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EXIT ART 475 Tenth Avenue (at 36th Street), New York, NY 10018
212-966-7745 / www.exitart.org / A, C, E to 34th Street / Penn Station

    Open Tue.–Thu., 10am–6pm; Fri., 10am–8pm; and Sat., 12–6pm.
    Closed Sun. and Mon. $5 suggested donation.

Otis College of Art and Design, Graduate Public Practice and Graduate Fine Arts present author and public intellectual critic Lucy Lippard

To kick off Street Smart, three events on public art, Graduate Public Practice and Graduate Fine Arts present author and public intellectual critic Lucy Lippard, whose interests and writing include tourism, archaeology, anthropology, and small New Mexico towns.

Seating limited, reservations suggested at publicpractice@otis.edu or (310) 846-2610. Free to the public.

Since 1966, Lippard has published 20 books on feminism, art, politics and place and has received numerous awards and accolades from literary critics and art associations. In her lecture, “Farther Afield,”she will speak on landscape, history, place-making and tourism from an interdisciplinary perspective. In the hands of many artists, her writing has inspired research and production on the relationship between visual art, space, activism, research, publics, and the social and political uses of art.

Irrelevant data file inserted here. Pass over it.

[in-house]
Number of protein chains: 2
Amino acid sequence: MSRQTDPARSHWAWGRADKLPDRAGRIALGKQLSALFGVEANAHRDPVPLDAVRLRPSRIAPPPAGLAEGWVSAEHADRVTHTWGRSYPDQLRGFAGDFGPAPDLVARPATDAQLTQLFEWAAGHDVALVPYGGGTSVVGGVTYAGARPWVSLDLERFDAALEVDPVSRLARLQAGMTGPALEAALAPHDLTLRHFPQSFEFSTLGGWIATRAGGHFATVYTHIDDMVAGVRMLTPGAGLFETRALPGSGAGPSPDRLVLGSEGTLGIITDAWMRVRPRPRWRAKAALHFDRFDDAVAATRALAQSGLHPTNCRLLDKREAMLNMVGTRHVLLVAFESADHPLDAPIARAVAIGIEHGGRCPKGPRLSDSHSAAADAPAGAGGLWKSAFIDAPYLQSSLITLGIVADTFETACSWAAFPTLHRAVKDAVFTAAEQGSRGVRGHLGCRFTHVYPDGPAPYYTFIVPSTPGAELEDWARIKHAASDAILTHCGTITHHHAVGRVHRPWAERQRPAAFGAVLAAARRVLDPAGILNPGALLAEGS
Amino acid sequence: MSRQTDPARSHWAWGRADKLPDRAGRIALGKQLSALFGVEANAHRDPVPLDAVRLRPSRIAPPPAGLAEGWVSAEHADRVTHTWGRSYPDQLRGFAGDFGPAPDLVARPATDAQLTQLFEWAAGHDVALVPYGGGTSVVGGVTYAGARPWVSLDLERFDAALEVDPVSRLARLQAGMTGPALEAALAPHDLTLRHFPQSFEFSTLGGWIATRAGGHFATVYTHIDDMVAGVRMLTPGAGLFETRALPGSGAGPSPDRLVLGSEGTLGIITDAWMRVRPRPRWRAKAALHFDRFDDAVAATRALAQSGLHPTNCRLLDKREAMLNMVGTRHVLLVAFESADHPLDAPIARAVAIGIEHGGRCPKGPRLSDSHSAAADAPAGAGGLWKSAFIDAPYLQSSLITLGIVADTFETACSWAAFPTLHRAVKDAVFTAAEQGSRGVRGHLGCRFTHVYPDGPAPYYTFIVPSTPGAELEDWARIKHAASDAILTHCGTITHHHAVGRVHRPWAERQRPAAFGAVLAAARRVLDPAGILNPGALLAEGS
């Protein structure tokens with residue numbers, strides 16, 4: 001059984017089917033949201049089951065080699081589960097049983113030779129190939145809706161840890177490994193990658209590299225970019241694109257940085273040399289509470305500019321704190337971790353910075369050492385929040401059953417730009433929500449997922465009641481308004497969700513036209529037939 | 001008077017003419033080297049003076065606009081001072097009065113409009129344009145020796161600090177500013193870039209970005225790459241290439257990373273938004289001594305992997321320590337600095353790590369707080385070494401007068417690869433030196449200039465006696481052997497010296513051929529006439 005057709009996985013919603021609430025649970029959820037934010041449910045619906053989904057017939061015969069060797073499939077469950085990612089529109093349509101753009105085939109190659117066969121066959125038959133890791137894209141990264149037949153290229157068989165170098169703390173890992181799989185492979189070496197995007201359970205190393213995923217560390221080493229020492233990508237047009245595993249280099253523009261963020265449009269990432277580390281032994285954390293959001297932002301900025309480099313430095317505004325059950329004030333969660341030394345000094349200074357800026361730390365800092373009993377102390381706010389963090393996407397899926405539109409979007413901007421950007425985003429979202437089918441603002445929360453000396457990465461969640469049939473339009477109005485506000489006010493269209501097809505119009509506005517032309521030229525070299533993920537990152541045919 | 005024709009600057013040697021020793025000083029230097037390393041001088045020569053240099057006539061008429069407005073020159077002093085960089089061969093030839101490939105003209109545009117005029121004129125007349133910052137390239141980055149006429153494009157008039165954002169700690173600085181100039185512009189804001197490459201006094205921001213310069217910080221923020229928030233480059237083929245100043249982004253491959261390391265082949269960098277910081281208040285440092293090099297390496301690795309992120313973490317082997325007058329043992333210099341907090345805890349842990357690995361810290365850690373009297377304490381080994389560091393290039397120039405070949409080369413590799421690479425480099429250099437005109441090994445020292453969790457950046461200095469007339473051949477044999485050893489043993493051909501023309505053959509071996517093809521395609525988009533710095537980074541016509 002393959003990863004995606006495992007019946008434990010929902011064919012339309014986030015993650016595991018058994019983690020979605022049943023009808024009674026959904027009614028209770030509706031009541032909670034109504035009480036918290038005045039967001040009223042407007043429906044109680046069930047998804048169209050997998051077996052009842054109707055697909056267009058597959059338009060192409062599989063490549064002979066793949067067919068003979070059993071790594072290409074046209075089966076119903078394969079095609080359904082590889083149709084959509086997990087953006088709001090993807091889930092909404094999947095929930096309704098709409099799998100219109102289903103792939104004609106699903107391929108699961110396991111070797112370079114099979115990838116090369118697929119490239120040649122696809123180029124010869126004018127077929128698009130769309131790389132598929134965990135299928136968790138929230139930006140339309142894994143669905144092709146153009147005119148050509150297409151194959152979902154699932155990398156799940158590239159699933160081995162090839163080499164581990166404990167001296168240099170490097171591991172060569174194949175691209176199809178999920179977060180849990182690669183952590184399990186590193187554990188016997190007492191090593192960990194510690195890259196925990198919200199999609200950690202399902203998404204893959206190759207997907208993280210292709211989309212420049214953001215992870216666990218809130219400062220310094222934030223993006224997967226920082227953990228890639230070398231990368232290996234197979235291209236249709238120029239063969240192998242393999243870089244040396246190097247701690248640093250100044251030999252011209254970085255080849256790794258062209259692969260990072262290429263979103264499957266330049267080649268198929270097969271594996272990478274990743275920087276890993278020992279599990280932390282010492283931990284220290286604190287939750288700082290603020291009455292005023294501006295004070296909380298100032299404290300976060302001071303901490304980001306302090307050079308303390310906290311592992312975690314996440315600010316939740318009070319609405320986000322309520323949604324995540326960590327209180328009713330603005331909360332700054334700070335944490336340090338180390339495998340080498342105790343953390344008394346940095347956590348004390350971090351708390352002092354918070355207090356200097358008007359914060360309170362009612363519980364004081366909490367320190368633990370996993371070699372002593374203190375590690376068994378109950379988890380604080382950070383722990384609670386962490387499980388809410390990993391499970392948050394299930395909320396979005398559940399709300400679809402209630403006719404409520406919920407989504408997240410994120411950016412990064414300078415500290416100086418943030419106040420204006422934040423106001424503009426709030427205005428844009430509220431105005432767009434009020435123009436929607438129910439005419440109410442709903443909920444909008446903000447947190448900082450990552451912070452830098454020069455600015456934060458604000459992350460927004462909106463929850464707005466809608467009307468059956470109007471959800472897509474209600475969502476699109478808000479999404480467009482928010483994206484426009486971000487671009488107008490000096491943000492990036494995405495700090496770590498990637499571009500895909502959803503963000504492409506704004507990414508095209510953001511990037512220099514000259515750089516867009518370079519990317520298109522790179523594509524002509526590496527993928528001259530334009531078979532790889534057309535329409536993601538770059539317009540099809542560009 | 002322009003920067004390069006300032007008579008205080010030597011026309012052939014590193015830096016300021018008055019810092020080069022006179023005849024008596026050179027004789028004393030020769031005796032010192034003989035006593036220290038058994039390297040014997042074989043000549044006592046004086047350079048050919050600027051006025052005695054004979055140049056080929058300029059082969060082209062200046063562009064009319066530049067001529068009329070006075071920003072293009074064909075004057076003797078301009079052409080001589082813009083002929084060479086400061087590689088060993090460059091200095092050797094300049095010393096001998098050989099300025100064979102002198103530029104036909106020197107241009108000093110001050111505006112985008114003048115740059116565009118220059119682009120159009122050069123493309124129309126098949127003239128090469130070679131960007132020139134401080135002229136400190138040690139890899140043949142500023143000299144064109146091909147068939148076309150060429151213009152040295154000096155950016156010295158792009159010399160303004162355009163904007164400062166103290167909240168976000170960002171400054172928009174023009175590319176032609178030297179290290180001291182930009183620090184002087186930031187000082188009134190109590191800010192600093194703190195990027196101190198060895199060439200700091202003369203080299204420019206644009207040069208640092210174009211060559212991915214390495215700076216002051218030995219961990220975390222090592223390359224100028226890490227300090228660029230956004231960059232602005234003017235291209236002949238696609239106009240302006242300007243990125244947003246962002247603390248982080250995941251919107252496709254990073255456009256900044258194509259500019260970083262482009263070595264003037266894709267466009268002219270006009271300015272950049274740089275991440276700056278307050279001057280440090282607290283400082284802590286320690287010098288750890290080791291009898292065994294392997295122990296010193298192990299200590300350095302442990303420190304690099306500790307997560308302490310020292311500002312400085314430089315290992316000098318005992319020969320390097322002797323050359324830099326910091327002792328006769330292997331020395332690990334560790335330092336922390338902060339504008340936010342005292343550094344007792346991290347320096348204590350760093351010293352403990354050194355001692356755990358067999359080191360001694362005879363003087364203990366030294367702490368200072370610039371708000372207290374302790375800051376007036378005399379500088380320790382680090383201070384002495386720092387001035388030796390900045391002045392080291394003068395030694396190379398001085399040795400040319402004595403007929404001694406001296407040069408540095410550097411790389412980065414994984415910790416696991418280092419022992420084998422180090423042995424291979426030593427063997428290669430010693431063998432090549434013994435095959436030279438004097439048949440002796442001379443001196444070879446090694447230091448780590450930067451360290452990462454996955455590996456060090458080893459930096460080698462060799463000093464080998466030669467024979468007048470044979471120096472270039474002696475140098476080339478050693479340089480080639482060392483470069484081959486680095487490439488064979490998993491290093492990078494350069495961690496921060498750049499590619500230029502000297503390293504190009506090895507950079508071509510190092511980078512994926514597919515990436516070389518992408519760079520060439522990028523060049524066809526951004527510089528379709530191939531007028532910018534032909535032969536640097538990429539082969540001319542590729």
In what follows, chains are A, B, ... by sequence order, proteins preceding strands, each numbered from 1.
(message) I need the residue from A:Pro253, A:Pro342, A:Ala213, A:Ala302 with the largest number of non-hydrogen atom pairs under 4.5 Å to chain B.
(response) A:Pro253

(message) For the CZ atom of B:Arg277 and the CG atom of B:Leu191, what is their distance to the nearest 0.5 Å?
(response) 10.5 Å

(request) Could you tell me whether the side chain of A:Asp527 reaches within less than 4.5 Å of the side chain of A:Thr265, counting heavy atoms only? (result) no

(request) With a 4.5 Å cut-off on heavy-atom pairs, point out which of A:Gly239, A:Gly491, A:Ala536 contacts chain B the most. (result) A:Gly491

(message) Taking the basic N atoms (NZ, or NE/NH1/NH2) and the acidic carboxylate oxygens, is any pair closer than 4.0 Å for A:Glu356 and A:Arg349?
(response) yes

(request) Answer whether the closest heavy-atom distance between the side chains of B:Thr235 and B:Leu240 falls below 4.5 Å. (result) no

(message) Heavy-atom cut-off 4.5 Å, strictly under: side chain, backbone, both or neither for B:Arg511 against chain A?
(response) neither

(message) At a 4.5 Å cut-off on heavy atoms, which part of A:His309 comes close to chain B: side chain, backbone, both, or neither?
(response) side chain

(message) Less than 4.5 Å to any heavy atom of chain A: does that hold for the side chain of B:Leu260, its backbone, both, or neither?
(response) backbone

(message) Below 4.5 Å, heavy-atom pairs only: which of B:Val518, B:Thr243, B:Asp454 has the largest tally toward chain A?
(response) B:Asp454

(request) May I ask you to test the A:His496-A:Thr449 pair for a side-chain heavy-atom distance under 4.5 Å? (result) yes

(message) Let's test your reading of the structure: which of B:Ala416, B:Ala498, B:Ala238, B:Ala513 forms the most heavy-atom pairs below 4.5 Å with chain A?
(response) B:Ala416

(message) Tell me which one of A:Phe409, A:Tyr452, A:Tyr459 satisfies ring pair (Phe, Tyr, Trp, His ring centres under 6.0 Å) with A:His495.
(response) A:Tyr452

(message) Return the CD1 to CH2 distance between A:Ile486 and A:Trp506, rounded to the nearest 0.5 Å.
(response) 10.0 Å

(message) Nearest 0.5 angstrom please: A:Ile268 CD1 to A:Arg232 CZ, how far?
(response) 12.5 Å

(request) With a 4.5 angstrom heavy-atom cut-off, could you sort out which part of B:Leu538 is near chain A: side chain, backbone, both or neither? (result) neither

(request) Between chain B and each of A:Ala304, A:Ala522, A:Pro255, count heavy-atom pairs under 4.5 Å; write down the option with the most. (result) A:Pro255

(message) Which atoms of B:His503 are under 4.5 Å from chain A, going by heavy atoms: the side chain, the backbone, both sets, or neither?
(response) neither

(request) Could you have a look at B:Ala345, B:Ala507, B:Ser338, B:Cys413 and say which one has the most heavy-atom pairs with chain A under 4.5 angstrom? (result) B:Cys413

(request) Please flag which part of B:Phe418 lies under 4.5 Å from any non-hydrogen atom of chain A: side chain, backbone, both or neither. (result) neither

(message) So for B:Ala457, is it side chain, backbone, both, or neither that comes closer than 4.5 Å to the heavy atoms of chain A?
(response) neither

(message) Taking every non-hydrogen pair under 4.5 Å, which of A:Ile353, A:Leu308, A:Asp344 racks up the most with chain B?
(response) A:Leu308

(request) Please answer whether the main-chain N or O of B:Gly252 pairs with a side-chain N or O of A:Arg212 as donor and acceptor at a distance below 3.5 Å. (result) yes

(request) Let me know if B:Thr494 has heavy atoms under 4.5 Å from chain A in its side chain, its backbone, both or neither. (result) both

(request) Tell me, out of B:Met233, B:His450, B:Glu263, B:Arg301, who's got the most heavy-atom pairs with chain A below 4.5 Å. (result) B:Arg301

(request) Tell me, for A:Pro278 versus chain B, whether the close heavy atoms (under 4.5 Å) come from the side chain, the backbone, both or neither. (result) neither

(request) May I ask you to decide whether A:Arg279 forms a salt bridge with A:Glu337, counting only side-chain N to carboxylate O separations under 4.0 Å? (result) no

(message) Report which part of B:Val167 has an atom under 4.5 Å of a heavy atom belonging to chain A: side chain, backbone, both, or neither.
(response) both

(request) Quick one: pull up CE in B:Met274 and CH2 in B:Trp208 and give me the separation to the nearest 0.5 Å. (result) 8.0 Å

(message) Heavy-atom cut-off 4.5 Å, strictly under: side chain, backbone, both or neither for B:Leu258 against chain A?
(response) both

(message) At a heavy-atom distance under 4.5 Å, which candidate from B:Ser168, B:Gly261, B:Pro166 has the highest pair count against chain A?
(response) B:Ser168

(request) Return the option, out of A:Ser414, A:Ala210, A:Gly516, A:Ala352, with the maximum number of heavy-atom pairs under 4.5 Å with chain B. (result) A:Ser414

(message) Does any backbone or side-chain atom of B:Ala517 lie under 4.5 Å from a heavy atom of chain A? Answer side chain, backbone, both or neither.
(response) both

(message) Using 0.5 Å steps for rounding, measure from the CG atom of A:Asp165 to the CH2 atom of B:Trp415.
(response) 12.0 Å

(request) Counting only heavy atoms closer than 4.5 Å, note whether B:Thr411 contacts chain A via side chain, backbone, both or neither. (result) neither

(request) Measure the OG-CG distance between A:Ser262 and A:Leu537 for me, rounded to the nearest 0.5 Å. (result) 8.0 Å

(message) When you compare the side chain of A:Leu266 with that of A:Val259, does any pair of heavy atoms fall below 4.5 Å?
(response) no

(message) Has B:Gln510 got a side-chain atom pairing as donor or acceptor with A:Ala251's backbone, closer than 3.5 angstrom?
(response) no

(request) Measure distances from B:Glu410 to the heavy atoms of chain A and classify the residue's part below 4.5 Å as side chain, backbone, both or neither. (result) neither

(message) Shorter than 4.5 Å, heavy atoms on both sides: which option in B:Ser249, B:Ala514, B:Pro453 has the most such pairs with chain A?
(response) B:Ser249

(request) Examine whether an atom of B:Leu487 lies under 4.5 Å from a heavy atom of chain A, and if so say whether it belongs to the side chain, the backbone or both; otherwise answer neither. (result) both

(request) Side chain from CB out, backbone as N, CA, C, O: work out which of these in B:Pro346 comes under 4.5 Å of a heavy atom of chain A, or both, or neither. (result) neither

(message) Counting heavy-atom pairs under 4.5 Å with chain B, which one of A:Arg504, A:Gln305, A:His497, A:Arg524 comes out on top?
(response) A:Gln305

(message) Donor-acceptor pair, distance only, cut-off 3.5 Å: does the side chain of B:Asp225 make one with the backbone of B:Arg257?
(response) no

In a long history of key publications in the visual arts, The Lure of the Local: Senses of Place in a Multicentered Society and On the Beaten Track: Tourism, Art and Place have particular relevance for public artists. Her most recent book Down Country: The Tano of the Galisteo Basin, 1250-1782 is yet another relevant departure.

The informal studio setting of the MFA Public Practice program in the The 18th Street Arts Center –formerly home to the historic production of Judy Chicago’s The Dinner Party – will set the stage for an intimate and informal engagement with Lippard.

Graduate Public Practice Studios, 1657 18th St, Santa Monica CA 90404

Otis College of Art and Design.

Situation: a review.